The divorce of film star Johnny Depp and actress Amber Heard has been finalised after months of wrangling over the final terms of the break up.
Depp, 53, has agreed to pay Heard $7m (£5.6m; €6.6m), which she says she will donate to two charities.
Heard, 30, will get to keep the couple’s dogs, Pistol and Boo, who were at the centre of scandal when she took them to Australia illegally in 2015.
She had accused Depp of domestic abuse – a claim he denies.
According to court documents, she said Depp had been physically abusive to her, culminating in him throwing a mobile phone at her face during a fight in February last year.
Depp’s lawyer denied the allegations, saying Heard was “attempting to secure a premature financial resolution by alleging abuse”. Police officers attending the scene said they had found no evidence of a crime.
The actress had filed for a restraining order, but this was dropped after the majority of the terms of the divorce were settled in August.
But the divorce was only finalised this week because lawyers could not agree over whether Depp should make the payments directly to the charities or not.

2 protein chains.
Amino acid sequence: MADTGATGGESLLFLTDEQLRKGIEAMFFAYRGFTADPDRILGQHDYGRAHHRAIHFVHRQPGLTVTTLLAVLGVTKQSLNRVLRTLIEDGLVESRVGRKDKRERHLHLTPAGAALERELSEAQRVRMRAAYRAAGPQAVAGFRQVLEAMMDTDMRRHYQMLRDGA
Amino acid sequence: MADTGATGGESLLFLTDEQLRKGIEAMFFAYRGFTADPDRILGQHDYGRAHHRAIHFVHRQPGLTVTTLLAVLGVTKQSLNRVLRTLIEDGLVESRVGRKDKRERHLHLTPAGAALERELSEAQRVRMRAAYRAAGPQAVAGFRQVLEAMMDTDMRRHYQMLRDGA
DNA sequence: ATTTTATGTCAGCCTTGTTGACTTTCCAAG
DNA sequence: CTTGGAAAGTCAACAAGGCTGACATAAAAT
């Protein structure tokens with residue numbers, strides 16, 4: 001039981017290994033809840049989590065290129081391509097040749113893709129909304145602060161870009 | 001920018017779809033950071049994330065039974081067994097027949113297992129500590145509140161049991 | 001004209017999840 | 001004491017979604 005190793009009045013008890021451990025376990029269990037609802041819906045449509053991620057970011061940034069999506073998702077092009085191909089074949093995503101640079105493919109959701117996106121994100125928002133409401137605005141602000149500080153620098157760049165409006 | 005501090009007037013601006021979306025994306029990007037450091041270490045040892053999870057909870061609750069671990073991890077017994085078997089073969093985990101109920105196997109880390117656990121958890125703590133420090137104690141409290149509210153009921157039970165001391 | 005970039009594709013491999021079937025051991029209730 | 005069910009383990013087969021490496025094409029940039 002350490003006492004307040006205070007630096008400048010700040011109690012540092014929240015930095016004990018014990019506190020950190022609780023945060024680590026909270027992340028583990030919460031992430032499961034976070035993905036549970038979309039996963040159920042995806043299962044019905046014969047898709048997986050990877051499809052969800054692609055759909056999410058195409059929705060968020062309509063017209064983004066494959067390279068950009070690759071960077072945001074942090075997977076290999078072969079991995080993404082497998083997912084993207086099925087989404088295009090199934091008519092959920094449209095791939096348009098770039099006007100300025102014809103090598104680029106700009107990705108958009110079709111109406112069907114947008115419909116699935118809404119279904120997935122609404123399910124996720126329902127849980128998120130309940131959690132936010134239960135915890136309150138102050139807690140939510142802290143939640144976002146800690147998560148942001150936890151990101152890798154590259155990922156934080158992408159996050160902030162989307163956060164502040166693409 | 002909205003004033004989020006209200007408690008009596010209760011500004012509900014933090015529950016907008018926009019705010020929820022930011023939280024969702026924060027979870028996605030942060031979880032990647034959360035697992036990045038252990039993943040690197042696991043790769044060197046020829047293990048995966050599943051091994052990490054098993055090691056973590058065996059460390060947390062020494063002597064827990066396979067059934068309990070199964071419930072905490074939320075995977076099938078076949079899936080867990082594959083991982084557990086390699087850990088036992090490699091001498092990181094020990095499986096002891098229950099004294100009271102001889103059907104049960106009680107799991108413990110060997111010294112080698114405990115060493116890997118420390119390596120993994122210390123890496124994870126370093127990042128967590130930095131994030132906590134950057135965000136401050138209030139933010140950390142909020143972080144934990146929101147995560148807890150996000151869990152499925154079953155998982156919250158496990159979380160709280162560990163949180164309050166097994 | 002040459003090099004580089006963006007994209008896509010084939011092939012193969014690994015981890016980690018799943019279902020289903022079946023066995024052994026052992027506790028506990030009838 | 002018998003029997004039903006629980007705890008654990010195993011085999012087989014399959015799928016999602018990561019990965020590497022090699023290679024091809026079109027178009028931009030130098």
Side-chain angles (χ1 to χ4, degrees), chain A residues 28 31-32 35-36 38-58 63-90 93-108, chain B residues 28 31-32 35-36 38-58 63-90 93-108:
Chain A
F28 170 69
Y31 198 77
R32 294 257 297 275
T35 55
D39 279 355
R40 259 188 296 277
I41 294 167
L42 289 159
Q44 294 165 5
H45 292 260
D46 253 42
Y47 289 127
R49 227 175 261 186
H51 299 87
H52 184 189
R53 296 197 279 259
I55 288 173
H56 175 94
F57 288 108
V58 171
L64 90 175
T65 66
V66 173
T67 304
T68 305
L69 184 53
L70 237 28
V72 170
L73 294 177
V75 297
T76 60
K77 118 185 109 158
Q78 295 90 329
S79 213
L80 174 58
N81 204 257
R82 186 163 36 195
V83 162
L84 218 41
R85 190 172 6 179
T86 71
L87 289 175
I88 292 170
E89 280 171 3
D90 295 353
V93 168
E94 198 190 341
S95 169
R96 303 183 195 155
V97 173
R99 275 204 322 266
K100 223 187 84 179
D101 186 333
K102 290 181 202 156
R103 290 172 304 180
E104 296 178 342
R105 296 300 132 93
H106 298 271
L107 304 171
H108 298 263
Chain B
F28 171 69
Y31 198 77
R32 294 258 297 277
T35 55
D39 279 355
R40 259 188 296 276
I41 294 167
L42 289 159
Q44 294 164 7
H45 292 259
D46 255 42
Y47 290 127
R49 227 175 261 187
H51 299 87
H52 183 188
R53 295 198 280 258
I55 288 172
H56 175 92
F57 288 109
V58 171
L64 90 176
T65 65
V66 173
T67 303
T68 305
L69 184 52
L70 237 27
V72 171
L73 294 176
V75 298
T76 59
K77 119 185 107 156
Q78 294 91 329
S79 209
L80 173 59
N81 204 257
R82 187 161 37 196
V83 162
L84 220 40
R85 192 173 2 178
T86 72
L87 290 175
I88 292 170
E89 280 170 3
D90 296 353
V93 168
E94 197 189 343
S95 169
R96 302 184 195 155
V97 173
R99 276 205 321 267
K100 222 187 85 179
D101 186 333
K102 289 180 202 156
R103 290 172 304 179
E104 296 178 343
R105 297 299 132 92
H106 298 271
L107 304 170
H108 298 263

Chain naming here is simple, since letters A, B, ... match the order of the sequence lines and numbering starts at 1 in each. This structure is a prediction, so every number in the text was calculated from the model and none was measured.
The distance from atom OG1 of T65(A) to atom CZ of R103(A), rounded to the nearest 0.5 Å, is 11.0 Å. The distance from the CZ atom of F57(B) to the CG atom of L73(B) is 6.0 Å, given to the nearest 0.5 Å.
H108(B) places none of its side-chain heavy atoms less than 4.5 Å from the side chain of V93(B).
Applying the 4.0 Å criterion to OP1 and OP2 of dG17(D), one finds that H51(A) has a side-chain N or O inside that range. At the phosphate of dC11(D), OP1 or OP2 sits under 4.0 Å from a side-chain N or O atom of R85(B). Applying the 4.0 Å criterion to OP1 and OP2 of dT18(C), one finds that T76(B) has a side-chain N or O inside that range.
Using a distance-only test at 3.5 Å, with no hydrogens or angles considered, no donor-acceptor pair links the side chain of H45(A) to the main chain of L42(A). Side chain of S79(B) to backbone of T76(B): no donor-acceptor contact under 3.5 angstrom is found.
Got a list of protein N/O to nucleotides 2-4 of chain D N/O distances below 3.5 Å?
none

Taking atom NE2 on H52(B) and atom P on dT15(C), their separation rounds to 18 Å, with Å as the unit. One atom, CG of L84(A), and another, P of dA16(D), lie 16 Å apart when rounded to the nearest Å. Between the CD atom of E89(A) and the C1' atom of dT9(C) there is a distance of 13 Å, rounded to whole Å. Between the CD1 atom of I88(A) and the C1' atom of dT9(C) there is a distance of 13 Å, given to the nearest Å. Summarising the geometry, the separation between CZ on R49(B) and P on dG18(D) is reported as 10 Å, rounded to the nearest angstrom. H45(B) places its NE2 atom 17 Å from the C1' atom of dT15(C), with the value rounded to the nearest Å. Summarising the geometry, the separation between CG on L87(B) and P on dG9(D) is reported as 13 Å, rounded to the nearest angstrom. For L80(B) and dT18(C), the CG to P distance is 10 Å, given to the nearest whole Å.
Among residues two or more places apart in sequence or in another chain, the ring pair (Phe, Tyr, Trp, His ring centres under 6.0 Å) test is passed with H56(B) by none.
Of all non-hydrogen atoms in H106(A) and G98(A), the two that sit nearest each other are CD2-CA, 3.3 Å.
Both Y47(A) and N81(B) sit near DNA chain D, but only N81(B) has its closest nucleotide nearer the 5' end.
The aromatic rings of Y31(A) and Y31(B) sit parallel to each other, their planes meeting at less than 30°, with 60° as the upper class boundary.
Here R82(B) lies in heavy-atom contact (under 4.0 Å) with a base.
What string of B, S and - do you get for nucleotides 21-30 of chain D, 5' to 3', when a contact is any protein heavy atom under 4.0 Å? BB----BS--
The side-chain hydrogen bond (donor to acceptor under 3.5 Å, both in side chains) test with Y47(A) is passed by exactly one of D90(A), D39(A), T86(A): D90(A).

Heard said she would donate the money from the divorce settlement to the American Civil Liberties Union (ACLU) and the Children’s Hospital of Los Angeles.
Her lawyer, Pierce O’Donnell, said it was a “great day” for his client, adding: “All Amber wanted was to be divorced and now she is.”
Depp’s lawyer, Laura Wasser, said they were “all pleased to put this unpleasant chapter in Mr Depp and his family’s lives behind them”.
The couple, who have no children together, were married for just under 18 months when they split in May 2016.
Depp has two children from a previous relationship with French singer and model Vanessa Paradis.
In a separate development on Friday, the Pirates of the Caribbean actor started legal proceedings to sue his former business managers for more than $25m.
He claimed The Management Group had failed to properly pay his taxes, made unauthorised loans and overpaid for security and other services, according to the Associated Press news agency.
A lawyer for the company, Michael J Kump, described the lawsuit as a “fabrication” and said it had done “everything possible to protect Depp from his irresponsible and profligate spending”.